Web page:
In this media battle, purely religious concepts are also used in reporting on the current conflicts to imply different meanings, for the purpose of attacking the rival group.
The Salafist interpretation, which is connected to more to religious fundamentalism and not necessarily terrorism, is associated with the latter in the Iranian media in order to imply a connection between these two concepts and thus portray the Saudi Sunni rival as the terrorist front. “Shiite,” “Rafidah,” “Alawite” and similar terms are used by Sunni media in reference to the troublesome front of Iran (as far as these media outlets are concerned) in its vast area of influence, which includes Iraq, Syria and Lebanon.
The media war has a visual component, as well. While the Sunni Arab media is full of video clips and images showing Assad's army committing crimes against civilians, the Iranian Shiite media has focused its attention on the video clips and images showing the jihadists’ crimes against innocent civilians or prisoners of war. The continuity and acceleration of these conflicts have resulted in the rise of extremism in all sides, and blasphemy against the sanctities of both sides has become common and widespread.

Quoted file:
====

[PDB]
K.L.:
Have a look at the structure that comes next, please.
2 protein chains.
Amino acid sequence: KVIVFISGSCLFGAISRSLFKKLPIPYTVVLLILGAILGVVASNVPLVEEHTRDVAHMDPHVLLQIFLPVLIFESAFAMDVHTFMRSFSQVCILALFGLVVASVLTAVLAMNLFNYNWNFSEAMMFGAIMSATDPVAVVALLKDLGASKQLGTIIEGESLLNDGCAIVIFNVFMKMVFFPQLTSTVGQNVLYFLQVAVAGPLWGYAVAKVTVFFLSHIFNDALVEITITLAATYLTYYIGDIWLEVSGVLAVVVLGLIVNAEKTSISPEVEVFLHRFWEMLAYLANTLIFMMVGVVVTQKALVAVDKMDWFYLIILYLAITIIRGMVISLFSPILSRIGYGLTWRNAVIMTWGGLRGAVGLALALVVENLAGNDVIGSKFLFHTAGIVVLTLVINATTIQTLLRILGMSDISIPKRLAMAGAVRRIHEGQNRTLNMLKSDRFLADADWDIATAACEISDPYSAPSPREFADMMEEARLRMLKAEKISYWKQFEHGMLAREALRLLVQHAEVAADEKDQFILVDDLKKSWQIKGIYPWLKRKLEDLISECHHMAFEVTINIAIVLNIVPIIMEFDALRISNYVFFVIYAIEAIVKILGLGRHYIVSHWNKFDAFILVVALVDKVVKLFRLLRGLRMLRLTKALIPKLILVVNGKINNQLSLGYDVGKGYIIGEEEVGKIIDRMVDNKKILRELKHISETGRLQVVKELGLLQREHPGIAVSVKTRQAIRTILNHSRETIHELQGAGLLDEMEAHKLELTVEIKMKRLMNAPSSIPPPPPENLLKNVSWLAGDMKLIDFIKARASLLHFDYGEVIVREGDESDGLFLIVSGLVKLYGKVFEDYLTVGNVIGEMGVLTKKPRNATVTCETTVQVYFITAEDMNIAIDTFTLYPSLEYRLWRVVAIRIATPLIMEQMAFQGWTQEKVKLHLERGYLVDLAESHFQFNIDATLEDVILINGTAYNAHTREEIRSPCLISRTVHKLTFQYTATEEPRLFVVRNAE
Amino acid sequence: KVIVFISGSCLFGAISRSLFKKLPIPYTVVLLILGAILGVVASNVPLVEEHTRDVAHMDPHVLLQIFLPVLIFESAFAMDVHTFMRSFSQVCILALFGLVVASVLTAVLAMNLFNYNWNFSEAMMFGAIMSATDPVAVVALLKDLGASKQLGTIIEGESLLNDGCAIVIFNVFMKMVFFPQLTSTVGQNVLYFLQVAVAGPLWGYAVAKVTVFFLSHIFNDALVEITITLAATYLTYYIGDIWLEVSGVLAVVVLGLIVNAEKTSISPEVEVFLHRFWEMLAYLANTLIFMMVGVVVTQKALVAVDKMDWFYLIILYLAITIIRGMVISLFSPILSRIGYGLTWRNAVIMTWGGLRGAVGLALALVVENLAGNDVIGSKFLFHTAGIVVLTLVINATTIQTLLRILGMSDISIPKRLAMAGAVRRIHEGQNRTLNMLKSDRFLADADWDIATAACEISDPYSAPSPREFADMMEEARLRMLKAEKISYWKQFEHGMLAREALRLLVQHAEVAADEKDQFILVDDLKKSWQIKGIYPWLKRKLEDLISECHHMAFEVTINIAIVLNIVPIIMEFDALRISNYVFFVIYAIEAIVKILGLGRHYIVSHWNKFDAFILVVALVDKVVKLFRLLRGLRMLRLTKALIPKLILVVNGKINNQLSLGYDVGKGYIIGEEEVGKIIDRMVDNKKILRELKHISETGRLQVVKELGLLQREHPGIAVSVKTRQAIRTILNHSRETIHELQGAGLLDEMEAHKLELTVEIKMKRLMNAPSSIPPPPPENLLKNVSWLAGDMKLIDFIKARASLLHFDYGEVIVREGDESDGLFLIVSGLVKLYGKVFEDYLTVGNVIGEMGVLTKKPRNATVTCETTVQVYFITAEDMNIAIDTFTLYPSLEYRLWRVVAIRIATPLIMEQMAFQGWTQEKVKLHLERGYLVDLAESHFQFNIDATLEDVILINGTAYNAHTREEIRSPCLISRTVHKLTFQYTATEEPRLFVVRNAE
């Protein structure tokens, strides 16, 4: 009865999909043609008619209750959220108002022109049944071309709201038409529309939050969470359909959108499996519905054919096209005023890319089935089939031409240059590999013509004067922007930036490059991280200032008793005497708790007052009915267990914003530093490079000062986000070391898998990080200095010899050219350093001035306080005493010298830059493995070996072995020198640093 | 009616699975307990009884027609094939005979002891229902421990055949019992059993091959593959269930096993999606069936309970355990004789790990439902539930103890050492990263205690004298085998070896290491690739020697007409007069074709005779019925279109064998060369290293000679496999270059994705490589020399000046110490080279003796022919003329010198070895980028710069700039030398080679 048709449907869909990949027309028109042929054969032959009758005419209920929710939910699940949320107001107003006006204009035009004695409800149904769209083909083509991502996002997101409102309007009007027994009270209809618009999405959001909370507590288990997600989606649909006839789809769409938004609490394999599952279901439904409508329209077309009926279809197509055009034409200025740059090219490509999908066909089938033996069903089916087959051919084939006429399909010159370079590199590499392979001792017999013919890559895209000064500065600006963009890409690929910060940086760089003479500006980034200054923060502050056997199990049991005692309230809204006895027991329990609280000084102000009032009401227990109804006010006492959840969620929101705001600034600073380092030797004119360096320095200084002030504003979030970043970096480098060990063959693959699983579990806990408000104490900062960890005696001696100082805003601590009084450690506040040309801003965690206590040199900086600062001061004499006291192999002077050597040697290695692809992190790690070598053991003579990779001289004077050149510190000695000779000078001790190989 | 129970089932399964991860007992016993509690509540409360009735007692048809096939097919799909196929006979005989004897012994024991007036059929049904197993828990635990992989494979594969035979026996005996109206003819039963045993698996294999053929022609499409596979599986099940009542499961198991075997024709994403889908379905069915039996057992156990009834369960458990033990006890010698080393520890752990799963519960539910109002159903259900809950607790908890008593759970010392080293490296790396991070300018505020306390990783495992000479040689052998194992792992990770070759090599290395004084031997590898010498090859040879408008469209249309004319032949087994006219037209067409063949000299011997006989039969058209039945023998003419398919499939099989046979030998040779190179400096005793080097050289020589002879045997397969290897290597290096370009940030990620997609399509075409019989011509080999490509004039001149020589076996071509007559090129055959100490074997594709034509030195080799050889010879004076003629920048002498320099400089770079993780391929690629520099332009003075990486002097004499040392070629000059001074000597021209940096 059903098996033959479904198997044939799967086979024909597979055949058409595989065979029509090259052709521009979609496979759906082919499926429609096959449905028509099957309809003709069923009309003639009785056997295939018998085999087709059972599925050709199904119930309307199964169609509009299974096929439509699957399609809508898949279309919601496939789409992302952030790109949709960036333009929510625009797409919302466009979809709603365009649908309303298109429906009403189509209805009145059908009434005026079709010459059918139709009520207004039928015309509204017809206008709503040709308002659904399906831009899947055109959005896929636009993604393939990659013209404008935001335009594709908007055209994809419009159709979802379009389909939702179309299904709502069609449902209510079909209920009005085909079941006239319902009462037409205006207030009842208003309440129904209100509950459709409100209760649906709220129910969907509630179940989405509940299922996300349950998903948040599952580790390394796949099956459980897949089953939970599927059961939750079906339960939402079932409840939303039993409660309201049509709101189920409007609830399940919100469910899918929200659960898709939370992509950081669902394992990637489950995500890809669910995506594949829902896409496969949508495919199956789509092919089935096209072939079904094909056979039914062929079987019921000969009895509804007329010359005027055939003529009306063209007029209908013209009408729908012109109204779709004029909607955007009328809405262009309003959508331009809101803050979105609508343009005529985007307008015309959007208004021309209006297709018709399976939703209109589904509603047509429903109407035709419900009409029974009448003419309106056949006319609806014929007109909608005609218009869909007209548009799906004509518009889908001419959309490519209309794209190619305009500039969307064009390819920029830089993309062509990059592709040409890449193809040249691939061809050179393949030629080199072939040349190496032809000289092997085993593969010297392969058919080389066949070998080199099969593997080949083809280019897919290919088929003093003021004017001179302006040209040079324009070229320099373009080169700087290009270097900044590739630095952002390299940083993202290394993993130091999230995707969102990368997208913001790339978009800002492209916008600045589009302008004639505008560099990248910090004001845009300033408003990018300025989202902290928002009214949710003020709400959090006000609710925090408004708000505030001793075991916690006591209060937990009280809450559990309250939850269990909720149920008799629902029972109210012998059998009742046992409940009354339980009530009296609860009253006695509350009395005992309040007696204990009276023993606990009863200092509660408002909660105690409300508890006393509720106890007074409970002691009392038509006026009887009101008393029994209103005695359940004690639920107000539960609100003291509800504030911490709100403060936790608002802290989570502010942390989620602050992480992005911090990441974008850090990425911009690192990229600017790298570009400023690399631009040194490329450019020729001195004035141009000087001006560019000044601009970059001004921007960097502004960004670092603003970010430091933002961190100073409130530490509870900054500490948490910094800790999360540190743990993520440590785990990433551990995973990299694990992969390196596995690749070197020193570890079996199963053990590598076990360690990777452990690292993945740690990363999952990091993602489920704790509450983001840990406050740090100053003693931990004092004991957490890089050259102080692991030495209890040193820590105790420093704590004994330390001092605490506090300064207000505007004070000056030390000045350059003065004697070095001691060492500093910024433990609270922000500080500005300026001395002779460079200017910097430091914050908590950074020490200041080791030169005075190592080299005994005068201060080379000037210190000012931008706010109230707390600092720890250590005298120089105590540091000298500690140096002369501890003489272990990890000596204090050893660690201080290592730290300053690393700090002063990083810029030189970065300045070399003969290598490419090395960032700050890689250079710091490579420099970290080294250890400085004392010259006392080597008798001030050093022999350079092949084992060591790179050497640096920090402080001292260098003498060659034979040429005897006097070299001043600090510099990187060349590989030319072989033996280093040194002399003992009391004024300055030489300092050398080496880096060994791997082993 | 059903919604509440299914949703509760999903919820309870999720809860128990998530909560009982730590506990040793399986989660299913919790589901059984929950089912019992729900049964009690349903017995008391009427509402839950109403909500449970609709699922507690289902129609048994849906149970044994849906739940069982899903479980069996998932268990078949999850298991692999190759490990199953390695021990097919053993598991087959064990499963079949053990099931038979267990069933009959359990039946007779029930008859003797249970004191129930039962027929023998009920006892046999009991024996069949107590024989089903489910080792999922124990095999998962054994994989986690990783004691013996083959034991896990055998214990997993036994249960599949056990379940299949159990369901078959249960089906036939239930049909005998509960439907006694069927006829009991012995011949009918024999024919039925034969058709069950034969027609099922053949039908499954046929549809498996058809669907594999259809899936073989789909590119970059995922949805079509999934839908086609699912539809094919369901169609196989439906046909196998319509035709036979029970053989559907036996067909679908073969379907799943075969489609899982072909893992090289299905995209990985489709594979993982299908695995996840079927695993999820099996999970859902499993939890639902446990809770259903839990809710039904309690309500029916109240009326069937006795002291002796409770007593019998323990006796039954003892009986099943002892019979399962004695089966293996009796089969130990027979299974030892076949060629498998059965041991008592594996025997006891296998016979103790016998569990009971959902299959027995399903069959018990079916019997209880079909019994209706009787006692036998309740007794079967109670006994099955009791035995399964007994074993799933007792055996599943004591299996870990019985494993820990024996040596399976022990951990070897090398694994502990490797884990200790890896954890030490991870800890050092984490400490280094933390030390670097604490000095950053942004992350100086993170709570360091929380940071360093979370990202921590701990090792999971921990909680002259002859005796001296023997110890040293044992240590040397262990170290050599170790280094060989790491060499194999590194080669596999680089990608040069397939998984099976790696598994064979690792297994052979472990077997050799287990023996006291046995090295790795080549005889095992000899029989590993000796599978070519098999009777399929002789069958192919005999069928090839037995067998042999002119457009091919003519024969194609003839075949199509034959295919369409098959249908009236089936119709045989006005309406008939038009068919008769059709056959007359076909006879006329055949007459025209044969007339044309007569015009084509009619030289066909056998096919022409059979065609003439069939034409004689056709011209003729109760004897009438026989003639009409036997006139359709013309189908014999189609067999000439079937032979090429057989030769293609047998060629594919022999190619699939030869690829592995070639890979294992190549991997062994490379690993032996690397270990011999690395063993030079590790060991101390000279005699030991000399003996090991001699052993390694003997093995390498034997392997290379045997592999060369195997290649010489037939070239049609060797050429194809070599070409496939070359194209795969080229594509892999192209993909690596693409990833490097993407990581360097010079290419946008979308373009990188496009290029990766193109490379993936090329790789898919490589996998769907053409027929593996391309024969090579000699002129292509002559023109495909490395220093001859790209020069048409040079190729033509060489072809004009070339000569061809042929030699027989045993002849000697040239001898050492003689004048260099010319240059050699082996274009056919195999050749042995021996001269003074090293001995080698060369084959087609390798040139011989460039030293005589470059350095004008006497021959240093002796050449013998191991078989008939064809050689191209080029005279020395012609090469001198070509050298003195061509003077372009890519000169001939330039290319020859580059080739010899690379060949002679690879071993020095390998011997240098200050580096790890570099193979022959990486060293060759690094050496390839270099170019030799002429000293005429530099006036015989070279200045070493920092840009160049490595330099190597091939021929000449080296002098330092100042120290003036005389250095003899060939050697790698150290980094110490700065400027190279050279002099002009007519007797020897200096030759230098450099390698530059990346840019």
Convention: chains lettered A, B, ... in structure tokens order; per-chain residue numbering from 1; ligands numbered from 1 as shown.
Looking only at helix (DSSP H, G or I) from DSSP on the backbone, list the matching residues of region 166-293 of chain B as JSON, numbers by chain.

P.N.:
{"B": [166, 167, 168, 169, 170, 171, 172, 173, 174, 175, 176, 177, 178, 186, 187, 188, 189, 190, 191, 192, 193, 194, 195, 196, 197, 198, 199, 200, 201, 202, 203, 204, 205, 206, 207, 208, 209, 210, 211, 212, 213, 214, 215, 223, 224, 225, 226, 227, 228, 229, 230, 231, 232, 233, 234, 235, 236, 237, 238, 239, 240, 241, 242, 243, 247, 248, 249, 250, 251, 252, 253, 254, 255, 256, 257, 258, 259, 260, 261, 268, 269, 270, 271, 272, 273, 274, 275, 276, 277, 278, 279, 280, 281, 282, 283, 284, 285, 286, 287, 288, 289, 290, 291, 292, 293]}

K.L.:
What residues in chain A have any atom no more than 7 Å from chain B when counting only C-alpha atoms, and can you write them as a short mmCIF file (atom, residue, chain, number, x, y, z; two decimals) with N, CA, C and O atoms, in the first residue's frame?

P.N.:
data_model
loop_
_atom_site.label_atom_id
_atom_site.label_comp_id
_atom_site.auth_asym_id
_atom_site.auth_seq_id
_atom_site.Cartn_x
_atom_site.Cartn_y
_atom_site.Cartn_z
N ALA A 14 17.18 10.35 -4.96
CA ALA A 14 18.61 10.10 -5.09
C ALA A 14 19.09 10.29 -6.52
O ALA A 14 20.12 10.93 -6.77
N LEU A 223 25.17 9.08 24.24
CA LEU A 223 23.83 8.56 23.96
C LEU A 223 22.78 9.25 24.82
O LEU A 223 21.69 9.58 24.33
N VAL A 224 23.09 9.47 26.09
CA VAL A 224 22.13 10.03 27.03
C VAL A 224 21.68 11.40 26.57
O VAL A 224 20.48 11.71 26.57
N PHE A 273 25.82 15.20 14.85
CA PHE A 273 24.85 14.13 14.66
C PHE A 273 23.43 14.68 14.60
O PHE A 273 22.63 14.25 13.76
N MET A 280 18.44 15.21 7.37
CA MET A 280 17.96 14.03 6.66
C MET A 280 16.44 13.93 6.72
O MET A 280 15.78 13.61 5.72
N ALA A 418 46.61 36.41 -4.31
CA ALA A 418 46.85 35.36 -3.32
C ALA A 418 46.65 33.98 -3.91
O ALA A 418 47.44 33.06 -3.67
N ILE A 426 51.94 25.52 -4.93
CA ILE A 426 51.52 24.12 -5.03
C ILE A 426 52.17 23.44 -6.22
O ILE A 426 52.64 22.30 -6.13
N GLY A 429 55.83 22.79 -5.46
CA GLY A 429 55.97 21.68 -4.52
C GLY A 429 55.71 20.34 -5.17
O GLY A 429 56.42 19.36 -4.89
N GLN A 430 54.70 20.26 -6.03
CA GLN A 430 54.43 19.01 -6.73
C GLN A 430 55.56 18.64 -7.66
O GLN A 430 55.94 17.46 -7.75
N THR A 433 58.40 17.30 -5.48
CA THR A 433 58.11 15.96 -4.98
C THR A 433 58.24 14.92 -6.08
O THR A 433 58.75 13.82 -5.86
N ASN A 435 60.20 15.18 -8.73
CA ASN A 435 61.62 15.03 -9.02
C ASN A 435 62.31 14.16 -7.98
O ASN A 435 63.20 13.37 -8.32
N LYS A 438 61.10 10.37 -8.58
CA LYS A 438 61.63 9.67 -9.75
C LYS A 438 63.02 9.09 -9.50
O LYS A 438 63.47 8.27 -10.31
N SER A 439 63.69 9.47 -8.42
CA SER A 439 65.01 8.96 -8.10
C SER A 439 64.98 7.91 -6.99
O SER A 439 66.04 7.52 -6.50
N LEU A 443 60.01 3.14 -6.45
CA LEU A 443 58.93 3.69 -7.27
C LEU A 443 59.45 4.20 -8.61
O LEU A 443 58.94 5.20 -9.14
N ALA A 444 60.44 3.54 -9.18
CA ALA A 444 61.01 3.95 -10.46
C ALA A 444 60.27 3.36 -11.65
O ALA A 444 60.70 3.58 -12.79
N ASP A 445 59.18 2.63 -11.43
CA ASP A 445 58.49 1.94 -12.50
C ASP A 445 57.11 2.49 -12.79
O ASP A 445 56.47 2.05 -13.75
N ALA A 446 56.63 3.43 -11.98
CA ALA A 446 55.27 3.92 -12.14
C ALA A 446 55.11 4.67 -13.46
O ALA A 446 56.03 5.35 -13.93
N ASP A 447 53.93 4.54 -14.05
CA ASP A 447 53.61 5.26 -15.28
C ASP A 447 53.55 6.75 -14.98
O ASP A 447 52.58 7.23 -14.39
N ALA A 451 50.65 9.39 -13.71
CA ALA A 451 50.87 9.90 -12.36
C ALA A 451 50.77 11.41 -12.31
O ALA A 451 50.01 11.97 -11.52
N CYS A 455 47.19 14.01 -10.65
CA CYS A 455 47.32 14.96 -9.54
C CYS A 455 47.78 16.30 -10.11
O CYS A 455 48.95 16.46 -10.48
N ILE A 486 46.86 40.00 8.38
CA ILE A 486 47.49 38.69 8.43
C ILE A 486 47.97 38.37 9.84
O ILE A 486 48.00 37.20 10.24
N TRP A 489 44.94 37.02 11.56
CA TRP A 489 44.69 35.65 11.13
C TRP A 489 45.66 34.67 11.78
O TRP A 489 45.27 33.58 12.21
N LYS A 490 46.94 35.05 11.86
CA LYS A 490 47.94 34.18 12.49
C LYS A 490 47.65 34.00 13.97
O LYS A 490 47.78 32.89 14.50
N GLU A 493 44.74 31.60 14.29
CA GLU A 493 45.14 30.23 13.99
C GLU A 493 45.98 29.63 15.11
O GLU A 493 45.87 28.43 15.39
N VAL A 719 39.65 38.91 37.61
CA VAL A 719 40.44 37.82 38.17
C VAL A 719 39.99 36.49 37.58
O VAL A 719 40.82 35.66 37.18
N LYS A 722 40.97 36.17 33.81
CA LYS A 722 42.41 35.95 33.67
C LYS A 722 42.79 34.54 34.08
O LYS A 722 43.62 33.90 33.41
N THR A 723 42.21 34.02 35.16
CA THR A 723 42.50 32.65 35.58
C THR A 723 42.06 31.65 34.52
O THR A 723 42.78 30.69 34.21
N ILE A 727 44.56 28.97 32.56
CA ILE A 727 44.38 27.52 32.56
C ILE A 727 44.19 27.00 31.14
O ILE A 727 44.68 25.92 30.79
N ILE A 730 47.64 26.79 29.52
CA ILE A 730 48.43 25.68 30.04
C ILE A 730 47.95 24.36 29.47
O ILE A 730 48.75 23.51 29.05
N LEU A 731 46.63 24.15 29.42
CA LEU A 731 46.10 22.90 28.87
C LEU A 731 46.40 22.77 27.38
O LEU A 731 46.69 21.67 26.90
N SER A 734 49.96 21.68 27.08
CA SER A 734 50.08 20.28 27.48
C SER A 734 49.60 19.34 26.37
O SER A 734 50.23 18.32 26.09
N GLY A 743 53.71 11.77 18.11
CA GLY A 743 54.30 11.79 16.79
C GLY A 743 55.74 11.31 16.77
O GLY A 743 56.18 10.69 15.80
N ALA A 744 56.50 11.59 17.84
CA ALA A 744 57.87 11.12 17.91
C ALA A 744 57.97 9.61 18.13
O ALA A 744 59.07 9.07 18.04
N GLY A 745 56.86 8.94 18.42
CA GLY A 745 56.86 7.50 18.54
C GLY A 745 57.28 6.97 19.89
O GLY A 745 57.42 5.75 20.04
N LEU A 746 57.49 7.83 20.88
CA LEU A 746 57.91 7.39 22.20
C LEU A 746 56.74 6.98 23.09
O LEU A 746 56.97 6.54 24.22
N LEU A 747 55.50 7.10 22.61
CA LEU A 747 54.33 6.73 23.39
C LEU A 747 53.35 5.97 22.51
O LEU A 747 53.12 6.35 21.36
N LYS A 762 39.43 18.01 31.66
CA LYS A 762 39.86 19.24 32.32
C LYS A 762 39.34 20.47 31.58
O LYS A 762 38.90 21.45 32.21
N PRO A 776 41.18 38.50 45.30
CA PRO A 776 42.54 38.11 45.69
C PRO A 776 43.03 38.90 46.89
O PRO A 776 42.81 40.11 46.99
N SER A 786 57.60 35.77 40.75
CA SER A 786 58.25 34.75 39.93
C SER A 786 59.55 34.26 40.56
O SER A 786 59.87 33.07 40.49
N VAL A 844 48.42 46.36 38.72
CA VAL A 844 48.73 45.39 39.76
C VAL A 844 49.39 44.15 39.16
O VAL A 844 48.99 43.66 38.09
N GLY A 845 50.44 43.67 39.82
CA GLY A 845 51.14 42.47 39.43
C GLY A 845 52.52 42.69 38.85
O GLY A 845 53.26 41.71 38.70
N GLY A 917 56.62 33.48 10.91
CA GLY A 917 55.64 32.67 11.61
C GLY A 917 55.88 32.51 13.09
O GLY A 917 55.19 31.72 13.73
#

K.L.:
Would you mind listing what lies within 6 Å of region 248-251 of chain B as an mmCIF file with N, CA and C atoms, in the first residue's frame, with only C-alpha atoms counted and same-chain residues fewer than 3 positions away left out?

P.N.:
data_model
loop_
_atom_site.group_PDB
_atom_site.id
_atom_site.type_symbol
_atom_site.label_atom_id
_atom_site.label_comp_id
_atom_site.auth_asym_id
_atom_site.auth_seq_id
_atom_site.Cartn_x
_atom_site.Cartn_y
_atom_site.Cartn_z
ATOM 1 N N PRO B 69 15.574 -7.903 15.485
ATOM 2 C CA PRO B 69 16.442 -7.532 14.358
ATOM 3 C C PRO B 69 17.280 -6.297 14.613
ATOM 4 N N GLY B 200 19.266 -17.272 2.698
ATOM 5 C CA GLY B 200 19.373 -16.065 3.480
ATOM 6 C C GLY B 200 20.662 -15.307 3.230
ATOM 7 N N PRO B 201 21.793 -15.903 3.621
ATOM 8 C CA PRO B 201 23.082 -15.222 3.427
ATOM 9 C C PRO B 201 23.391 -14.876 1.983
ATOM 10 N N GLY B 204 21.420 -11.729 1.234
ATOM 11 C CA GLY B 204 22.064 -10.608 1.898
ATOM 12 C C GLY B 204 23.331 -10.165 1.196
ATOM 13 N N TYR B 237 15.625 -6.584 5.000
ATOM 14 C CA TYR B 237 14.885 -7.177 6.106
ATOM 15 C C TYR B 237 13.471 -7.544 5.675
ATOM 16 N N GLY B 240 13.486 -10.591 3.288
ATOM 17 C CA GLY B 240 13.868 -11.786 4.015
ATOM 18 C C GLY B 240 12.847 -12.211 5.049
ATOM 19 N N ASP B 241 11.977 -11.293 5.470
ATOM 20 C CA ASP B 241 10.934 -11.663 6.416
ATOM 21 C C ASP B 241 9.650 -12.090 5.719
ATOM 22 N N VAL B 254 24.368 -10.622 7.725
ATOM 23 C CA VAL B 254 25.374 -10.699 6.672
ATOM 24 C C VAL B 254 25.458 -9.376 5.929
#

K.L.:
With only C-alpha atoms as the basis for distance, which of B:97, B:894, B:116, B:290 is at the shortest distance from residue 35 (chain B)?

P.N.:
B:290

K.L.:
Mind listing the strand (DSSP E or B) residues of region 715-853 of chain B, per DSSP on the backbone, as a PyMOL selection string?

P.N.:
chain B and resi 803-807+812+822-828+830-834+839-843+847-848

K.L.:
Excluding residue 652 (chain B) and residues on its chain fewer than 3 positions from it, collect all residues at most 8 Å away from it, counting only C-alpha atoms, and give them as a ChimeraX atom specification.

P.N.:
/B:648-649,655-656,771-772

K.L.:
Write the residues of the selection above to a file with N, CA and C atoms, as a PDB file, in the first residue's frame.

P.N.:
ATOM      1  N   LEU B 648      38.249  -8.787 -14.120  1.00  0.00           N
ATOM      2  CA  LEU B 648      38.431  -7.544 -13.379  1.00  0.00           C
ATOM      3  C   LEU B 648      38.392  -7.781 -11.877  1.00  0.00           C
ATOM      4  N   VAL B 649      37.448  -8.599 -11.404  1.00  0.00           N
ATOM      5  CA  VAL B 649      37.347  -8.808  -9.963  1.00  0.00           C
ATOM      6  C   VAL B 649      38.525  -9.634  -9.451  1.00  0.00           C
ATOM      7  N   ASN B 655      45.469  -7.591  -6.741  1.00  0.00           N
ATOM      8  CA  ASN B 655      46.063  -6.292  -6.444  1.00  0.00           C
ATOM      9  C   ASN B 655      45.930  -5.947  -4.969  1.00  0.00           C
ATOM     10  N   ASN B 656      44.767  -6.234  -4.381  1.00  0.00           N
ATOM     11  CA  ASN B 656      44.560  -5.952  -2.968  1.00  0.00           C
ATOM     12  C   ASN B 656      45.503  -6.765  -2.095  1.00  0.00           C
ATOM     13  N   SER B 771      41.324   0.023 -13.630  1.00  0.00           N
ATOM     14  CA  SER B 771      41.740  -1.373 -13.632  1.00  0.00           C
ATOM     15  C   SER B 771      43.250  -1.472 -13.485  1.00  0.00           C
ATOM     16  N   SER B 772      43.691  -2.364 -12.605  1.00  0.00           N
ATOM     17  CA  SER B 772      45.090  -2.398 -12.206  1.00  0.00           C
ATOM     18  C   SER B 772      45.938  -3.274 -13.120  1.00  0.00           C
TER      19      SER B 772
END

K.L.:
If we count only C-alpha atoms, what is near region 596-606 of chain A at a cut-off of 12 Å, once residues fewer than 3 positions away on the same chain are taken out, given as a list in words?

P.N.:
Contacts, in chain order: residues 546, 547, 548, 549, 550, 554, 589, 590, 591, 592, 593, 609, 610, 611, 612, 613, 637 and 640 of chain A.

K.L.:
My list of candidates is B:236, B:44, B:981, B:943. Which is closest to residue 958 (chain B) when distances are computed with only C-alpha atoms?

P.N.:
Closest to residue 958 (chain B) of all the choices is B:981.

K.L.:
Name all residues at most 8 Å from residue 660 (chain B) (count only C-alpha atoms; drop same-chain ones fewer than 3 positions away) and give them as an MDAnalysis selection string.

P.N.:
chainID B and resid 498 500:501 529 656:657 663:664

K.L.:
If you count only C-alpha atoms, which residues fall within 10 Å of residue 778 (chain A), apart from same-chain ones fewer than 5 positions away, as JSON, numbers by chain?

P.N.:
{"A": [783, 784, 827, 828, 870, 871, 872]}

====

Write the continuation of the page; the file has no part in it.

In the ideological war of symbols and images, each hostile side uses historical revisionism in an attempt to revive long-forgotten vendettas and vengeful forces. Consequently, both sides have invested their full potential on producing movies and TV series to propagate their views.
In the past, the production and broadcasting of religiously unifying films and series such as “The Message” thrived. So did movies and series that served as reminders of Islamic civilization’s glorious past, such as the Iranian TV series “Ibn Sina,” the Arabic series “Omar Khayam” or movies concerned with anti-imperialistic revolutions in Muslim countries such as “Lion of the Desert” and “The Battle of Algiers.”
Today, however, more attention is paid to those parts of history influenced by religious demarcations and conflicts.